Ski Patrollers have to be great skiers in addition to experts on first aid, avalanche safety, and general safety rules.
With so many requirements and qualifications, you would think that being a member of the Ski Patrol would mean a pretty decent salary. After all, patrollers save lives almost every single day and without them, no skier would have true peace of mind on the mountain.
However, they do not make a lot of money. Most of them do their job because they understand how important it is. We should all be quite thankful that ski patrollers are willing to work as hard and long as they do.
This article will take a look at how much ski patrollers make and some of the responsibilities they take on to make the mountain a safe place. Ski Patrol is easy to forget about, but they are very important. They deserve every penny they earn, and, in my opinion, they deserve a whole lot more.
How Much Do Ski Patrollers Make?
Now that we know what patrollers do, the next question is, how much do they make? Though with all of the required knowledge, you would think they would make the same as any other first responder that puts their life on the line, that’s not the case.
Typical pay for a ski patroller varies based on where they work and their personal experience level. A brand new patroller will make less than a seasoned veteran.
According to Glassdoor, the average ski patroller wage is $24/hour, with the average range being between $20 and $27.
Some resorts do pay better than others. For instance, POWDR pays $36/hour and Sugar Mountain pays $29/hour. The starting wages are pretty low but patrollers will usually get a raise each year they work for the same resort.
However, they do not get any additional benefits, such as health insurance or retirement considerations. They do get a ski pass, which is a nice bonus.
Some resorts offer a salary for their patrollers, and that sits around 53,481 per year. That’s somewhat low yearly pay for any profession, especially one as important as ski patrol. However, most patrollers do not work year-round, which means they can supplement their income with a summer job.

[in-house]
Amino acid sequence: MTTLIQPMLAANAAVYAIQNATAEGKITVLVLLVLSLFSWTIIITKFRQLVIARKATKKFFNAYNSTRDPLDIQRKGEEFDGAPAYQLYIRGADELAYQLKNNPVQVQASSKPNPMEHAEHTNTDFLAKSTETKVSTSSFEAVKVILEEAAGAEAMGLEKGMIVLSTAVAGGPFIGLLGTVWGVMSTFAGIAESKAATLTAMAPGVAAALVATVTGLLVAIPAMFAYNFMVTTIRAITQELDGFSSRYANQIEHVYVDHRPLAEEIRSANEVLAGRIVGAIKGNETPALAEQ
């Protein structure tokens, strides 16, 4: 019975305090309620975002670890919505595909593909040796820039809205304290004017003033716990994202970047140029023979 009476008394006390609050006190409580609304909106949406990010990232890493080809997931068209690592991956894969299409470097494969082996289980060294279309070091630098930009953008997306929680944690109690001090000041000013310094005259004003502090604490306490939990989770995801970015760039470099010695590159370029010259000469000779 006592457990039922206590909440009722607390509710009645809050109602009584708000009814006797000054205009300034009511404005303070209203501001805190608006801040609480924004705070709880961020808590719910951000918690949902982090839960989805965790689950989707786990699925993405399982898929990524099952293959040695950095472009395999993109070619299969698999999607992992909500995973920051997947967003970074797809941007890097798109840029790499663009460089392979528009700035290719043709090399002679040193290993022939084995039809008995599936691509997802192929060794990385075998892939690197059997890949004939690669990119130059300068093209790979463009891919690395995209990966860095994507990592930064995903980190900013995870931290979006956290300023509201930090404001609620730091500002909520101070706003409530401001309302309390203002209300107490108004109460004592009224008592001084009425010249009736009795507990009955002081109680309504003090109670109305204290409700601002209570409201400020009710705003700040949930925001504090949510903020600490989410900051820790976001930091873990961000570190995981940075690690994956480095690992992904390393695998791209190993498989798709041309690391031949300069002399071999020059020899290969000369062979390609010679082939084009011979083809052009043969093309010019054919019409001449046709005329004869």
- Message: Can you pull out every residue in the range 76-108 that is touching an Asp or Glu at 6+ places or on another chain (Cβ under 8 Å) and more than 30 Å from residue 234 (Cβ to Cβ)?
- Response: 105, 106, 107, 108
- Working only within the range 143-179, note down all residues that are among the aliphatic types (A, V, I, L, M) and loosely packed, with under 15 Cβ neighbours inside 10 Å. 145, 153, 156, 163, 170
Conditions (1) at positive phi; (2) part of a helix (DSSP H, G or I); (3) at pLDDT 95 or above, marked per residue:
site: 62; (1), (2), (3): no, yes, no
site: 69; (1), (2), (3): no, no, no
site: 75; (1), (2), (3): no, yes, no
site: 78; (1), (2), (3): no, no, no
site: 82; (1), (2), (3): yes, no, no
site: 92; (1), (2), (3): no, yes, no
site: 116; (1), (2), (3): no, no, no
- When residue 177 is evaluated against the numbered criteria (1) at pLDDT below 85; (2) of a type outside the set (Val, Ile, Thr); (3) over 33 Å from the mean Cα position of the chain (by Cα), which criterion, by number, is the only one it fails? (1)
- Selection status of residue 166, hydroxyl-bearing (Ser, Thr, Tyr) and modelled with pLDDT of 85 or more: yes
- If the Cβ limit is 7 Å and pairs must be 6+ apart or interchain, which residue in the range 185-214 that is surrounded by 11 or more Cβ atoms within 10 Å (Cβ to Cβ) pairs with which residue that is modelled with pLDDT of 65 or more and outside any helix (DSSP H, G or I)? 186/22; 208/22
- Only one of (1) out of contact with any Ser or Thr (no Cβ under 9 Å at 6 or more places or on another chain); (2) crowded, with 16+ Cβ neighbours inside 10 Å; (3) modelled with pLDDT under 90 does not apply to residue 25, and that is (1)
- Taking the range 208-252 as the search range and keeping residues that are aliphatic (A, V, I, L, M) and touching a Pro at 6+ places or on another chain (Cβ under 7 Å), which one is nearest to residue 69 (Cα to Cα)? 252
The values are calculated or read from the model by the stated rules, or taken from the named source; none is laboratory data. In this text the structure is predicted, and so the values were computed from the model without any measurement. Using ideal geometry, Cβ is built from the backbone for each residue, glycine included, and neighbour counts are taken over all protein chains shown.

What Do Ski Patrollers Do?
If you’ve spent any time at a ski resort, you’ve certainly seen a ski patroller or two. They are easy to spot thanks to their usually brightly colored outfits that almost always have a big patrol cross on them.
Many patrollers roam the slopes throughout the course of a ski day and are around to help, inform, and instruct any skiers on the mountain.
A red uniform with a white cross is a common ski patrol uniform. However, they can wear other colors as well. Safety is a ski patroller’s number one priority, and that comes in many forms. One is looking for bad or rough conditions.
Even before the first ski lifts go up, patrollers scan the slopes for any obstacles such as rocks, branches, or other exposed areas that pose a threat to skiers.
Patrollers also help with avalanche control. Some are trained to launch explosive devices at potential avalanche areas, triggering a slide and making the area safe to ski again.
That is a high-level skill that ensures all runs within the resort are safe. If avalanche danger is too high, patrollers will close off certain areas.
Ski patrollers also need to understand first aid. Skiers get injured every day. Though most accidents are minor, sometimes the skiers cannot get to help.
In such situations, ski patrollers provide both first aid and medical help to those in need. That can include putting the skier in a sled and skiing them back to the bottom where they can receive better attention.
Ski Patroller Appreciation
Ski patrollers are some of the most important people at any ski resort. The brave and qualified individuals make sure that every skier who visits the mountain is safe, secure, and able to ski freely throughout the in-bounds areas.
Never take a ski patroller for granted, even if you get in trouble when breaking the rules. They are just doing their job, and they definitely don’t get enough compensation for it.
The next time you see a patroller while out on the mountain, go up to them and say thank you. You’ll be surprised how far that small act of gratitude will go.
Ski patrollers love to ski, just like you, and they love being appreciated. Support your local ski patrol by telling them how grateful you are for their service.
Do you know anyone who works on the ski patrol? Have you ever been rescued by the ski patrol? Let me know in the comments below.